Categories: RML Blogs

All of Us Research Program – Ready to Launch Nationally on May 6

Fri, 2018-04-20 17:14

All of Us website imageThe National Network of Libraries of Medicine is excited to announce the All of Us Research Program official launch on Sunday, May 6, 2018.  This national event will be held in seven communities throughout the United States — including Pasco, Washington — and will be broadcast via this website and on Facebook Live.

The All of Us Research Program is a historic effort to gather data from one million or more people living in the United States to accelerate research and improve health. The programs goals are to develop a more effective way to treat diseases and to provide individualized healthcare.  It considers individual differences in lifestyle, environment and biology.  This research program is a key element of the NIH Precision Medicine Initiative.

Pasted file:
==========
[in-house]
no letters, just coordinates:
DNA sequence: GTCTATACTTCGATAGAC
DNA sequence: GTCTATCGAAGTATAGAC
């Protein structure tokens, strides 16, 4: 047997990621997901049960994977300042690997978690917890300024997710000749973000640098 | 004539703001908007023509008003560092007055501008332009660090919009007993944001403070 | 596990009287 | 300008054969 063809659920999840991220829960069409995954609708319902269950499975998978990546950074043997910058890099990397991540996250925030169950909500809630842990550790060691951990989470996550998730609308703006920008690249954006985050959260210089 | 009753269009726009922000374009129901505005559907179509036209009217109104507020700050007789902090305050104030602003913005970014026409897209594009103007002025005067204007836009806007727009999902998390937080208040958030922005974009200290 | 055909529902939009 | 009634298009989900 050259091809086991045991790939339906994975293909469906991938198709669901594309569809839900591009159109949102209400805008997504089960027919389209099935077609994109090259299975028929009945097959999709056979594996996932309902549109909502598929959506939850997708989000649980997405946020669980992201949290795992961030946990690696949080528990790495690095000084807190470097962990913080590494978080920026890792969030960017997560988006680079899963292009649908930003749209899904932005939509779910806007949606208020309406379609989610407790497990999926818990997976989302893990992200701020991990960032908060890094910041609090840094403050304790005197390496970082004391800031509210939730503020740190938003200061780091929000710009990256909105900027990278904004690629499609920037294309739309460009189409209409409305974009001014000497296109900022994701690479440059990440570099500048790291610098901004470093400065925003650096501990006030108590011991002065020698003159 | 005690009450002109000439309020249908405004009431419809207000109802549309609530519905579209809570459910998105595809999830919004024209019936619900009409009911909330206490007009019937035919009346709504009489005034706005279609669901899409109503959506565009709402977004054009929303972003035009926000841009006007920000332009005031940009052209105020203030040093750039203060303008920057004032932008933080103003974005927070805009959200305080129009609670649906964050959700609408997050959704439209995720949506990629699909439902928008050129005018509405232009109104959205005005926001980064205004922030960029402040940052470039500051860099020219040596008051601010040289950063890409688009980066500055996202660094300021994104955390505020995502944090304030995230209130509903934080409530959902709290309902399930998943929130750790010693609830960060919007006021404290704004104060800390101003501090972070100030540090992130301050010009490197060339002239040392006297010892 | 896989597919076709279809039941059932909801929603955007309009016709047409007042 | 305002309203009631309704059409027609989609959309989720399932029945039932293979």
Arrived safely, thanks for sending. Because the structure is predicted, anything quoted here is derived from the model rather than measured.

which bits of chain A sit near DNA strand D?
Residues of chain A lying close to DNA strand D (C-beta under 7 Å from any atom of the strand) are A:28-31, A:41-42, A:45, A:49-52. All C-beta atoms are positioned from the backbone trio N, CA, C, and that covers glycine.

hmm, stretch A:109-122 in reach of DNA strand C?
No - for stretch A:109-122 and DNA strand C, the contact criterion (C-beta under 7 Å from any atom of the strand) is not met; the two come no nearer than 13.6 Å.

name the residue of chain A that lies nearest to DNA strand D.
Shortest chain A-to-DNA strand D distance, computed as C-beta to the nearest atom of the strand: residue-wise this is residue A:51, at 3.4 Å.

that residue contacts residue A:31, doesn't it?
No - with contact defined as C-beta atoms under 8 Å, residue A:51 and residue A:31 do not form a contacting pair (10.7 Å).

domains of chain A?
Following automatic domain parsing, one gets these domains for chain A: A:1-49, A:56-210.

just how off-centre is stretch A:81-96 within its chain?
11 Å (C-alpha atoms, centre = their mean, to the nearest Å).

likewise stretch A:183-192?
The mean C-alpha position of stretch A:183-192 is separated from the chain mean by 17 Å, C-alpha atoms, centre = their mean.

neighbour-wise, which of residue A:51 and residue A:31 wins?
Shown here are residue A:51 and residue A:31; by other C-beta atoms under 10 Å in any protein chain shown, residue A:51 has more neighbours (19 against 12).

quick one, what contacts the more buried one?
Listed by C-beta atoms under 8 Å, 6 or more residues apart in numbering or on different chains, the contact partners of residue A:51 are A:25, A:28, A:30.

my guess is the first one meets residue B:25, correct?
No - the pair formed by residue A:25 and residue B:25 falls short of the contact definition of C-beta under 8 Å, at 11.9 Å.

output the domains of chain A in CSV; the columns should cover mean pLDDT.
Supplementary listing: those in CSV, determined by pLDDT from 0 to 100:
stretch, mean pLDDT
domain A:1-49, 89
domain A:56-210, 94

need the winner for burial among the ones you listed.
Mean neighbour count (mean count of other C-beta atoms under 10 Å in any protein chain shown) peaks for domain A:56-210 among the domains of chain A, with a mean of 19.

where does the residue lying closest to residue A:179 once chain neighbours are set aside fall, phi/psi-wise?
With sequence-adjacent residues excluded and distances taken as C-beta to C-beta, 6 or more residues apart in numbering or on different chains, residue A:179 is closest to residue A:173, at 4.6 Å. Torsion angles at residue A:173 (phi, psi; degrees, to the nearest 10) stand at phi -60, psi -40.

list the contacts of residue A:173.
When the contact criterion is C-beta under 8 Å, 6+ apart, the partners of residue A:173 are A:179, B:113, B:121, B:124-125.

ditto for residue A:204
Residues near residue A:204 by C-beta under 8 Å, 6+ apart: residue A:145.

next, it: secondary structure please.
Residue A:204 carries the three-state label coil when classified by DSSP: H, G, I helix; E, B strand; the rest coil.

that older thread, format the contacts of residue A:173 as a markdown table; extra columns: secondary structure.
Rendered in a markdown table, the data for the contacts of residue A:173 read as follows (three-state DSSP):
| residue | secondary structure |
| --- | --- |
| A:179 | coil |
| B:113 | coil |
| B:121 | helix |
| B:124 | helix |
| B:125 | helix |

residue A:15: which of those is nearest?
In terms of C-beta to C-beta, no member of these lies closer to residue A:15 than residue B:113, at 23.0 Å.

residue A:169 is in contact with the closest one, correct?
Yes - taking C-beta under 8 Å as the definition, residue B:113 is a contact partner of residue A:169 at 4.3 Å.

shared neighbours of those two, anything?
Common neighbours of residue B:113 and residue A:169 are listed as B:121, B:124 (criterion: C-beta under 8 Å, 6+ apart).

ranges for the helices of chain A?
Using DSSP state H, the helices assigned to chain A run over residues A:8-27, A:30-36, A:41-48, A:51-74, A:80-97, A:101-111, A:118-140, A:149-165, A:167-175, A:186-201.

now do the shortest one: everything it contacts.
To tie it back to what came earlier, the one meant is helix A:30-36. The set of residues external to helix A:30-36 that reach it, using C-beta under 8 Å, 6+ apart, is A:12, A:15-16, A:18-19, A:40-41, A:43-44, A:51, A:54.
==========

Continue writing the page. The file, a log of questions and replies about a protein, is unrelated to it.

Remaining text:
Additional information about this Program is available through the All of Us Research Program website. Program information is available to download in English and Spanish. NNLM Network Members can learn how they can get involved at a webinar on April 30th at 1pm Central Time.

Categories: RML Blogs

Data, Data Everywhere and Not a Drop to Drink

Fri, 2018-04-20 05:00

In the NNLM Big Data in Healthcare: Exploring Emerging Roles course, we asked participants, as they progressed through the course to consider the following questions: Do you think health sciences librarians should get involved with big data in healthcare? Where should librarians get involved, if you think they should? If you think they should not, explain why. You may also combine a “should/should not” approach if you would like to argue both sides. NNLM will feature responses from different participants over the coming weeks.

Written by: Jeff Durham, Medical Librarian, Desert Regional Medical Center, Palm Springs, CA